In a world filled with computer distractions, it’s easy to rely on technology to babysit children, but is it healthy? Staring at a digital screen for long periods could cause all sorts of problems: eye damage, obesity, impeded brain development, sleep deprivation, aggressive behavior, MWR absorption. Knowing this, it’s easy to question: is all this ubiquitous exposure harmful?
Gen-X parents are the last folks to have lived the majority of their youth sans internet, providing a unique perspective. In truth, life before the internet wasn’t that bad. Sure, card catalogs were a nightmare. And you couldn’t notify your friends or family so conveniently as to your whereabouts, twenty-four-seven. However, this lack of convenience, in hindsight, had its benefits. Being unavailable, certainly made it easier to disconnect. You could focus better and be present, without the blips and bleeps of cell alerts demanding immediate attention. Though answers weren’t always at your fingertips, there was a certain magic in mystery. You didn’t know for certain who you would see when going to the arcade, mall, or neighborhood square; instead, you could anticipate, hope, plan, and be surprised.
Not that I would forgo technology, but let’s face it, we could survive without it for a time; enjoy a healthy break. Too often, it gets used by parents to replace quality time parents could be spending with their children. For parents who might want to connect with their kids more, while disconnecting, here are five tips:
1. Cook Together. Cooking with your children is a great way to connect, and it doesn’t have to involve the internet. You can refer to a cookbook, or if you must search a recipe online, do so then jot it down and turn those phones off! Cooking is a great way to teach kids how to fend for themselves (they have to eat somehow). Cooking is an essential life experience, and a fun one to share. Not to mention, you avoid the costs of eating out and the germs. Cooking together should increase the appreciation kids will have for eating, once the food is all done. Get extra good parenting points for using cooking as a teaching moment, to discuss where the food comes from. If you don’t know the source, make a point to research it later. Cooking is a great way to do something practical, fun, and tasty, as long as you don’t get too distracted searching through cooking videos or browsing the world wide web for recipes.
2. Sing Together. Singing together is fun and healthy. It’s easy, too, depending on your voice and volume. If singing is absolutely not your thing, however, you can play music together instead. You don’t even need instruments or skills. Tap away on your body, small inanimate objects (avoid glass), even your stomach, or clap your hands together (pots and pans will do too), until you rock out. The point is to make music; however, you can. It helps to release tension, makes you feel good, provides a great form of exercise while serving as an opportunity to bond.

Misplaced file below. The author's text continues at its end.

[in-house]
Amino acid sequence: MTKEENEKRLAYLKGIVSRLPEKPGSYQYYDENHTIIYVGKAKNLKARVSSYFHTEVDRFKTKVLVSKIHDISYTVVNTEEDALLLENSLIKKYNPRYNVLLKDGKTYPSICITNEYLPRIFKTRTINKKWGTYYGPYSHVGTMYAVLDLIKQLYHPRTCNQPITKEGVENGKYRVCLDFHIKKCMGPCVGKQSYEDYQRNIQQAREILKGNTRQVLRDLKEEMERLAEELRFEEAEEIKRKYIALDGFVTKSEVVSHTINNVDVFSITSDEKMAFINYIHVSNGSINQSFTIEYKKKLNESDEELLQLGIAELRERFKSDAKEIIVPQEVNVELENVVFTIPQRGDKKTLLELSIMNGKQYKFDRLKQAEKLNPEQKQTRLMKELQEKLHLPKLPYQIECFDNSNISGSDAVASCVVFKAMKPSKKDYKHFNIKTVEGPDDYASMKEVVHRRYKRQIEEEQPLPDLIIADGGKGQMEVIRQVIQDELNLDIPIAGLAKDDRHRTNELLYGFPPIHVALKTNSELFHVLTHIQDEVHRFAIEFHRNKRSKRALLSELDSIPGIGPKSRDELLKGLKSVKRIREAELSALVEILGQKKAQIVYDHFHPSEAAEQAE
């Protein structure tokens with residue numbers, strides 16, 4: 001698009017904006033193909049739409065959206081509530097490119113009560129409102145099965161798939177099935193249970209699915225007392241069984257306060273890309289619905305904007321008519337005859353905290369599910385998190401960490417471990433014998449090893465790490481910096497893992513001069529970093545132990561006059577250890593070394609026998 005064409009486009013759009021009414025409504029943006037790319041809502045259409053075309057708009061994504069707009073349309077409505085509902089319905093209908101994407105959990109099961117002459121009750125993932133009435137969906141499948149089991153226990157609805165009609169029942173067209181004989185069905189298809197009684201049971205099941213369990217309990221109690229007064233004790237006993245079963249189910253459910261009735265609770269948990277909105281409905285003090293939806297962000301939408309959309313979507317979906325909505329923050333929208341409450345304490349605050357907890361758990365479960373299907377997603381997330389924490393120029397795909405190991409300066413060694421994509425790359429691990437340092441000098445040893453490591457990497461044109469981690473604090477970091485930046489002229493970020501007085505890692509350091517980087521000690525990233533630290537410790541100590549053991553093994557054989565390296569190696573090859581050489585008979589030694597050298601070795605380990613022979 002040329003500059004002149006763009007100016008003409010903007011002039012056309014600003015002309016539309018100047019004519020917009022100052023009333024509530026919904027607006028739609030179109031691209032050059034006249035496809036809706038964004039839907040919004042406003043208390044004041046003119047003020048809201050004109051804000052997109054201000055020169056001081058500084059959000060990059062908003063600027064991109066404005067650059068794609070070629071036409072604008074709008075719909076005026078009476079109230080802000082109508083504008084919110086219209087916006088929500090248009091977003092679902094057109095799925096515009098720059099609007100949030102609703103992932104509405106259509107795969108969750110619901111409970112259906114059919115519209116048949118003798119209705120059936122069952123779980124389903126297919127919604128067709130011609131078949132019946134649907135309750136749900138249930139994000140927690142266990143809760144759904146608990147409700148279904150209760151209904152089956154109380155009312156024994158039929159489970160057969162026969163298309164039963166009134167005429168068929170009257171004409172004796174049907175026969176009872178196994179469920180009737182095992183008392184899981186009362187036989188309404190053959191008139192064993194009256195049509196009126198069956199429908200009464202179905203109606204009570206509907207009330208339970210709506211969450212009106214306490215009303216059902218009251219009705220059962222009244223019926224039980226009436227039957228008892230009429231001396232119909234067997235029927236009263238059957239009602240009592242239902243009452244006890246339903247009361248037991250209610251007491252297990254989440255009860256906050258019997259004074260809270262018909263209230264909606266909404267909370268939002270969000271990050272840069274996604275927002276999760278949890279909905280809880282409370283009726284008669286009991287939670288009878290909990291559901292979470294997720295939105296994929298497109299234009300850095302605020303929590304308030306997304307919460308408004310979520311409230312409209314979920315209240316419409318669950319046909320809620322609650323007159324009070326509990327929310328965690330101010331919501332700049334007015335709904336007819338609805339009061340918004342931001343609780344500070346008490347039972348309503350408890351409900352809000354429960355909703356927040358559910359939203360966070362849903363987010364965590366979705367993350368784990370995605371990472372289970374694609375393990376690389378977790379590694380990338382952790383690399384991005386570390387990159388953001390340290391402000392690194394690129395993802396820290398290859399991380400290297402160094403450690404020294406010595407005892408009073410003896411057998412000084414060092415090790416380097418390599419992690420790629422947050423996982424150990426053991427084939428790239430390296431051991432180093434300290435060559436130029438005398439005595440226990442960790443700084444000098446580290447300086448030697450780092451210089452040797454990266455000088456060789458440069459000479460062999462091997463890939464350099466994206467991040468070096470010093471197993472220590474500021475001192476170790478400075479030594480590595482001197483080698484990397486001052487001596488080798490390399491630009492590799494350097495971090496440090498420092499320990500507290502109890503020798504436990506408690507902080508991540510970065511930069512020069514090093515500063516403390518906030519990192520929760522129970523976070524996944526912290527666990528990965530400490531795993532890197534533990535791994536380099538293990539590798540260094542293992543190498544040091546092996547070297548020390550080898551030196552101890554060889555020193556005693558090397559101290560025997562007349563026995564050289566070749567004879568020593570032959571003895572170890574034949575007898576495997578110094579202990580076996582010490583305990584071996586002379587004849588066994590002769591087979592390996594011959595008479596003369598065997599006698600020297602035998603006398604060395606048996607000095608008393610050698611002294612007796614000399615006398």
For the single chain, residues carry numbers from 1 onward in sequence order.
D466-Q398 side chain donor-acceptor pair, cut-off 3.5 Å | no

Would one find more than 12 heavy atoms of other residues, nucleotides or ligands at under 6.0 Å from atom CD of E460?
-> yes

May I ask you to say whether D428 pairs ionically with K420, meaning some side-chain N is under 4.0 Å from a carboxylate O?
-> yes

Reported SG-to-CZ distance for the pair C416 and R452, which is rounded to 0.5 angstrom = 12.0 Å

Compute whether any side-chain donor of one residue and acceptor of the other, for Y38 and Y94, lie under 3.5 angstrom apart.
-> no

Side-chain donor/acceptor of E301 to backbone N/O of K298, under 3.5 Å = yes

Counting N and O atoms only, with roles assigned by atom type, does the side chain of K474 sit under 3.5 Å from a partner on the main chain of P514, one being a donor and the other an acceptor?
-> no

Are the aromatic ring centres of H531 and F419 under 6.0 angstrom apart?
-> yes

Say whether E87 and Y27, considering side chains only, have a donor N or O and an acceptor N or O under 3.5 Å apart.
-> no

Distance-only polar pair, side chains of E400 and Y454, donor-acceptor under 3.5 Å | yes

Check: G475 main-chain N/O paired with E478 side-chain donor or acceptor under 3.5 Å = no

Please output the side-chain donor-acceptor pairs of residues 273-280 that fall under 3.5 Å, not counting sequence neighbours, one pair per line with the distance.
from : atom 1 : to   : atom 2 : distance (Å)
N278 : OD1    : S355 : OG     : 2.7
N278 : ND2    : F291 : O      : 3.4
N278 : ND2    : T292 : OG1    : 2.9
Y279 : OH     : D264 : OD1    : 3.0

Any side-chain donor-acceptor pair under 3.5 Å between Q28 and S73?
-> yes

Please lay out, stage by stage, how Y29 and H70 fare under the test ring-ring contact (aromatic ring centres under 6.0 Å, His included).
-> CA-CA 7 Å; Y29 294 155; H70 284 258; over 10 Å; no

3. Take a Hike. It’s fun and can allow you time to talk and to think, without phones or computers. Your eyes can relax, free of screen time, on whatever you see. If you’re in the park, you can watch the trees, point out the various types, check out the cloud formations, and the neighbor’s landscape (if it’s Christmas or Halloween, point out the decorations). Walking is not only good exercise — it’s a good technology-free way to spend quality time.
Listen to each other. One person talks, vents their feelings, anything that comes to mind, the good, the bad, the ugly, while the other person listens. This practice is about being present, not about offering solutions or turning it into a therapy session. Give your full attention to the other person, no matter what they are saying. At a loss for what to talk about? Feeling shy? Try describing what happened to you that day, or the day before, or the day before that. Write it down in letter form and read it instead. These listening exercises can help you to align yourself with your children’s hopes and dreams while discovering new ways to support them. But try not to judge or criticize, simply listen. Take a moment to thank them for sharing their thoughts and feelings, no matter what’s said.
Read a book. Reading aloud to children stimulates creativity, imagination, and understanding. It helps kids comprehend language and the written word. It teaches them ways to organize and to express their ideas. It develops important listening skills, which your children will use throughout their lifetime. Most importantly, it develops a child’s sense of empathy, as they try to put themselves in the shoes of the protagonists, imagining what it’s like to be them, cheering for them along the way. There are many ways to enjoy bonding with your children without relying on computers, the cell phone, or video games; reading is certainly a good one.
The point is to encourage your children to use their imagination to entertain themselves in healthy ways that do not always involve the latest, greatest, digital distraction. Though these are by far not the only solutions, they’re a great way to get started. If you’ve got other ideas, we’d love to hear from you.